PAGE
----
Troeger is now retired and living with his wife, Merle, in Maine. His mission in integrating the languages of faith and science together is making a distinctive mark in the history of hymnody.

For further reading:

Thomas H. Troeger biography at Yale Divinity School, https://divinity.yale.edu/faculty-and-research/yds-faculty/thomas-h-troeger

Thomas H. Troeger page at Abingdon Press, http://www.abingdonpress.com/thomas_h_troeger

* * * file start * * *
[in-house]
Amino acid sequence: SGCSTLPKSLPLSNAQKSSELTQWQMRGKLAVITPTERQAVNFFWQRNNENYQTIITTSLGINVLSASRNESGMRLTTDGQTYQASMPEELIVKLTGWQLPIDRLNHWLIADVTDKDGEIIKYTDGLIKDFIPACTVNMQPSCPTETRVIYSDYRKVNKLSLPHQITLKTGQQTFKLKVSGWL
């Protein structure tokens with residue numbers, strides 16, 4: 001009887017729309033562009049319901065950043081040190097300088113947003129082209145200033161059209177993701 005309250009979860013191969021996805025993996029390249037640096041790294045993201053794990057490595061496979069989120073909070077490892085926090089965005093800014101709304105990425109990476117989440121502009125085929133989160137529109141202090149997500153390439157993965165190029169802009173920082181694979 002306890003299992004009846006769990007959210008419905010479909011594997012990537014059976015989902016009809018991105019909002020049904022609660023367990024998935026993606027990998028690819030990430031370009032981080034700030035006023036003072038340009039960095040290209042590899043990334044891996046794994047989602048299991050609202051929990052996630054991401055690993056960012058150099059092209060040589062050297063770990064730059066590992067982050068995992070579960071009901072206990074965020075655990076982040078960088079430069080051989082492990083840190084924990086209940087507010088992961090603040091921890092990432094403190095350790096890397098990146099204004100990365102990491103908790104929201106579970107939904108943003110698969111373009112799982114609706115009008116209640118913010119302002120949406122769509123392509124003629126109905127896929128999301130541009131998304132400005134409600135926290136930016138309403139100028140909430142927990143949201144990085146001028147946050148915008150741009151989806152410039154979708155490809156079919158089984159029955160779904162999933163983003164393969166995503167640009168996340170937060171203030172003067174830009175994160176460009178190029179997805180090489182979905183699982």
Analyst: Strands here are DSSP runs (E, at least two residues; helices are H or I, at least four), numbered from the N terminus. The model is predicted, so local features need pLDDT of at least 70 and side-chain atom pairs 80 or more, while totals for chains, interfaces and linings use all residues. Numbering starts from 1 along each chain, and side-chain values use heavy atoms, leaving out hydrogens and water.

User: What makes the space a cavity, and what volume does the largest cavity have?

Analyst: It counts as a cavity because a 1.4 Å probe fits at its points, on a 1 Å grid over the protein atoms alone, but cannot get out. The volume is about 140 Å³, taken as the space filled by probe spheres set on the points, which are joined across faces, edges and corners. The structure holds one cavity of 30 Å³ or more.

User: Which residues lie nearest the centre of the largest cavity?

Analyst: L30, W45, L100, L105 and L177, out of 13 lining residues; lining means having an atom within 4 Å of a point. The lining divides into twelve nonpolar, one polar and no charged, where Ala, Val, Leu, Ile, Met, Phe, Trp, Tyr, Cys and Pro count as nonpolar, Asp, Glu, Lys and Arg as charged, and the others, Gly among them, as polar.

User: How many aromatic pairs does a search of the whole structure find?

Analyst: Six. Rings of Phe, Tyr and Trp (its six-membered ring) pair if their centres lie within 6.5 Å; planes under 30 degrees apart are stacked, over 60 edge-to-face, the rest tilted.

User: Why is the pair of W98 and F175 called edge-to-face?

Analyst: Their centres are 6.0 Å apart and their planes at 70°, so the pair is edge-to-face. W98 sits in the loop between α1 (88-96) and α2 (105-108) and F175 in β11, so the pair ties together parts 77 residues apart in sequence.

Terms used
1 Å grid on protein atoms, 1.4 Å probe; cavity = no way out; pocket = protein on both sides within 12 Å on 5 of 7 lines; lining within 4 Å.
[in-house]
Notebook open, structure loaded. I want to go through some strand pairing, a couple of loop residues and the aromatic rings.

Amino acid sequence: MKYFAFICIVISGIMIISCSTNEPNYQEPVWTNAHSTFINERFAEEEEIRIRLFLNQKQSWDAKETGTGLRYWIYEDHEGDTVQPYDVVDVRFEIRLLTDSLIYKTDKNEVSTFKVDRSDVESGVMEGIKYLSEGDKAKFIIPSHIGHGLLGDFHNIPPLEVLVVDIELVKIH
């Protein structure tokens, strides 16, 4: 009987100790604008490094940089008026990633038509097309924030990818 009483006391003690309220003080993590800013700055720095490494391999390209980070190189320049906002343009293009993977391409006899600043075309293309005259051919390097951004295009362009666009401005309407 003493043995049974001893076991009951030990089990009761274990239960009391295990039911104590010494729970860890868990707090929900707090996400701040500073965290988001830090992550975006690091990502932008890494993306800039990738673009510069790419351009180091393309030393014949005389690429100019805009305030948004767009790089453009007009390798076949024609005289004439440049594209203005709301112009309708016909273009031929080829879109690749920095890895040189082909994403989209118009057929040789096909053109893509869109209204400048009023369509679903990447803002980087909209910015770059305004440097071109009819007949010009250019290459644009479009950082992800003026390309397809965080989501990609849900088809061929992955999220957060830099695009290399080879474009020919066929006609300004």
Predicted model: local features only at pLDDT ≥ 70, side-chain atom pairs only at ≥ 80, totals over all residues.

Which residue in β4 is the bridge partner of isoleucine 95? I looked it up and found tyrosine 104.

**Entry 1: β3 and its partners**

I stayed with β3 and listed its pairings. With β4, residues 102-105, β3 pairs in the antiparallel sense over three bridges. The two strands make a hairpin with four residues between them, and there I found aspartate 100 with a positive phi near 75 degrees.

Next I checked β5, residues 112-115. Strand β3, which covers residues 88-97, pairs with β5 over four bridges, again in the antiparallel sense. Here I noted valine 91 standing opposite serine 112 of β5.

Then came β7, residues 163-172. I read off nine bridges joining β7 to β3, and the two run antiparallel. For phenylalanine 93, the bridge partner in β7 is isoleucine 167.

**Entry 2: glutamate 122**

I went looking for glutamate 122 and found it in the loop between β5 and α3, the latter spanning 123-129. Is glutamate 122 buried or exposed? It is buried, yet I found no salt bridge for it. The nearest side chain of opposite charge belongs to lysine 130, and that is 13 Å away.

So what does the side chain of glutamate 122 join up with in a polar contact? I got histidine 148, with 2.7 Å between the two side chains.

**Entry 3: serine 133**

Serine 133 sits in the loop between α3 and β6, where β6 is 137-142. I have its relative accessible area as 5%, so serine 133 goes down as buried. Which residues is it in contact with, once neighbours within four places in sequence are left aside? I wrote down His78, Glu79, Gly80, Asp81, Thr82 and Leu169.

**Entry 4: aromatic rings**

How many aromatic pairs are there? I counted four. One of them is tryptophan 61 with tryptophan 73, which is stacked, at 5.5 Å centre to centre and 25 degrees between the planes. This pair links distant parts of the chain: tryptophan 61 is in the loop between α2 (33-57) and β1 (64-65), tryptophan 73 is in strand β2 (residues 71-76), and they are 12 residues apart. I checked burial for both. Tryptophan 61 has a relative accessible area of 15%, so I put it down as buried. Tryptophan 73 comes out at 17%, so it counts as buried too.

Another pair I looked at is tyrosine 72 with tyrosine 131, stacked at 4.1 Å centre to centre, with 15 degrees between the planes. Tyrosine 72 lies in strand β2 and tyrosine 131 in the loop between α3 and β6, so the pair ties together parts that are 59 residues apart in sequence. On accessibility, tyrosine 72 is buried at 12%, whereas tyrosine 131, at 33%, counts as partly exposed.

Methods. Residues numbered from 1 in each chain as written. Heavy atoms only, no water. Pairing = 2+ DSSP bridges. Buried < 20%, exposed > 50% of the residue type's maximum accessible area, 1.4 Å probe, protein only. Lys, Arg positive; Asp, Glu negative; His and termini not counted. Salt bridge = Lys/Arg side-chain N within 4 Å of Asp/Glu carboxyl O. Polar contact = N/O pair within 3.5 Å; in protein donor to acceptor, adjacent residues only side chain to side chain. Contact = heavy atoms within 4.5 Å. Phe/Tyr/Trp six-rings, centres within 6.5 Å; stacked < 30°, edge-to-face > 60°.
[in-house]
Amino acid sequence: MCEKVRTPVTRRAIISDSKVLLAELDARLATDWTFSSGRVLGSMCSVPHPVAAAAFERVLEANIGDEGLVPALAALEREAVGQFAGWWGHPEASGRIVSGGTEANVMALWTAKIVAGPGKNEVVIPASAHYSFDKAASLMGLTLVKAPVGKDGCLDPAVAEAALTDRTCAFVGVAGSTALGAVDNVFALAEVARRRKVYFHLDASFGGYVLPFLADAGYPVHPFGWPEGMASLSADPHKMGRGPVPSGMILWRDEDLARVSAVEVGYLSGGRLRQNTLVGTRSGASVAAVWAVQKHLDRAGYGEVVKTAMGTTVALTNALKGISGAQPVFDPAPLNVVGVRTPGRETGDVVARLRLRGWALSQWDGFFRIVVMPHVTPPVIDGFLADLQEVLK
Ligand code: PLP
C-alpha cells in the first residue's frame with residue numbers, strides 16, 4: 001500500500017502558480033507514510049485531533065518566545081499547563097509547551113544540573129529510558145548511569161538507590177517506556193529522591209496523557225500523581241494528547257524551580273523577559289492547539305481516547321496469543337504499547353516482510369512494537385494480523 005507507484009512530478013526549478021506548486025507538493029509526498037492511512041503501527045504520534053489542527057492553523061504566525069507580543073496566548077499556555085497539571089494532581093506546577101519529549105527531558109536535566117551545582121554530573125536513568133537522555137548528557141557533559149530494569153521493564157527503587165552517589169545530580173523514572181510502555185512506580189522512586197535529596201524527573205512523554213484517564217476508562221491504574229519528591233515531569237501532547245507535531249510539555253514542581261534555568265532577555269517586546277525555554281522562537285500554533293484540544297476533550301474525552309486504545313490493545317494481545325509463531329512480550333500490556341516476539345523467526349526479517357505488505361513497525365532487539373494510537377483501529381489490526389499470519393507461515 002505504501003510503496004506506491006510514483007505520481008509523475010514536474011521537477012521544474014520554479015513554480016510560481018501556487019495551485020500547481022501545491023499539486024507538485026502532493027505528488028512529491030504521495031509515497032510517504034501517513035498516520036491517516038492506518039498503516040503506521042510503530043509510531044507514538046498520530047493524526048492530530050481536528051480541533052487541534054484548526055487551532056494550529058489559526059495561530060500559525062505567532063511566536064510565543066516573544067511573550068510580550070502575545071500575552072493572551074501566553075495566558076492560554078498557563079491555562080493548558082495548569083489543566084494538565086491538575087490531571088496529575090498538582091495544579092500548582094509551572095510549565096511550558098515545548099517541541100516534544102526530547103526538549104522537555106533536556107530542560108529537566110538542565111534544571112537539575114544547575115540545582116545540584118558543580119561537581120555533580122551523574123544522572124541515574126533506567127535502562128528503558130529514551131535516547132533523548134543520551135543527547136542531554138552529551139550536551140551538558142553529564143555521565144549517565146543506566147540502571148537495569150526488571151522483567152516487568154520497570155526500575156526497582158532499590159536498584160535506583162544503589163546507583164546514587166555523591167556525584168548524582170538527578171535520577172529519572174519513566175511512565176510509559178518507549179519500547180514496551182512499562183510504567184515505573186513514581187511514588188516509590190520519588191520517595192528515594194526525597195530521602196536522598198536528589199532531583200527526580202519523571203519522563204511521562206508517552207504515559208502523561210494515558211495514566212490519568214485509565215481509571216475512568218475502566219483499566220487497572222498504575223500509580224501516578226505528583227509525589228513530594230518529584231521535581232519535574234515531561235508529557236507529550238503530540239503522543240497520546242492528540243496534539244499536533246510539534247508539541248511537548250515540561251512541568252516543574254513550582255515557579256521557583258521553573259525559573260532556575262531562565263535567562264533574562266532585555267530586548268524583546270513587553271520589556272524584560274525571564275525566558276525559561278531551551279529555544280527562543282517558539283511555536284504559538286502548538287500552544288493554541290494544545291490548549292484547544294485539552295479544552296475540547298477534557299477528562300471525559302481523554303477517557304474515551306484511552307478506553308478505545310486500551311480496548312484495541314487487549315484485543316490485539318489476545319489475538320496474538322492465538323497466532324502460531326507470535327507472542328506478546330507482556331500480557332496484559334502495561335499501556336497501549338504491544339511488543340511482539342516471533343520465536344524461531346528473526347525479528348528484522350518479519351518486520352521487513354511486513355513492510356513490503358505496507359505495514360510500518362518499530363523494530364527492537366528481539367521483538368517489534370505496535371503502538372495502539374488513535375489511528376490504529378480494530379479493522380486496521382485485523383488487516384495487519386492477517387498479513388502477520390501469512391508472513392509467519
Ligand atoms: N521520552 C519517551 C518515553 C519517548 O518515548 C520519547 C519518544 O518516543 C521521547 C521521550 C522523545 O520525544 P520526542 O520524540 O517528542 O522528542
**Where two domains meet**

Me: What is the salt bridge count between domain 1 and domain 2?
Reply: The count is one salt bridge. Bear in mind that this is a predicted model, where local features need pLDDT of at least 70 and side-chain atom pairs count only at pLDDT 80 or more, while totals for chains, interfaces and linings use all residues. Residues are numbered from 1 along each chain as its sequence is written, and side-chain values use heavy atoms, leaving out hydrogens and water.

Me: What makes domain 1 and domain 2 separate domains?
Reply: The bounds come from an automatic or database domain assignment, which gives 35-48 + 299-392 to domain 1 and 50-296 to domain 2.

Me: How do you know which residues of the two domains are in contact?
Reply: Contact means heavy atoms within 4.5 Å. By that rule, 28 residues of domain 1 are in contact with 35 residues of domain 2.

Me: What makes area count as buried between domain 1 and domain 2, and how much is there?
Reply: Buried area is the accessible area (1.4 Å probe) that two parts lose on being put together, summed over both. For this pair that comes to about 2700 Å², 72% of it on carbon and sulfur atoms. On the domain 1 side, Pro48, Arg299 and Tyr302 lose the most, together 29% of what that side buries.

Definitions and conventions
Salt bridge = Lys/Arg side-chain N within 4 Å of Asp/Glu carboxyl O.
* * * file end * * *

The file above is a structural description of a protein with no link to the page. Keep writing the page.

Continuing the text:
*‘Swiftly pass the clouds of glory’ by Thomas Troeger © Oxford University Press Inc. 1994. Assigned to Oxford University Press 2010. Extract reproduced by permission. All rights reserved.

**'Density of light' by Thomas Troeger © Oxford University Press Inc. 1994. Assigned to Oxford University Press 2010. Reproduced by permission. All rights reserved.

Stanton Nelson is a student in the Doctor of Pastoral Music program at Perkins School of Theology, SMU. He studied hymnology with Dr. C. Michael Hawn.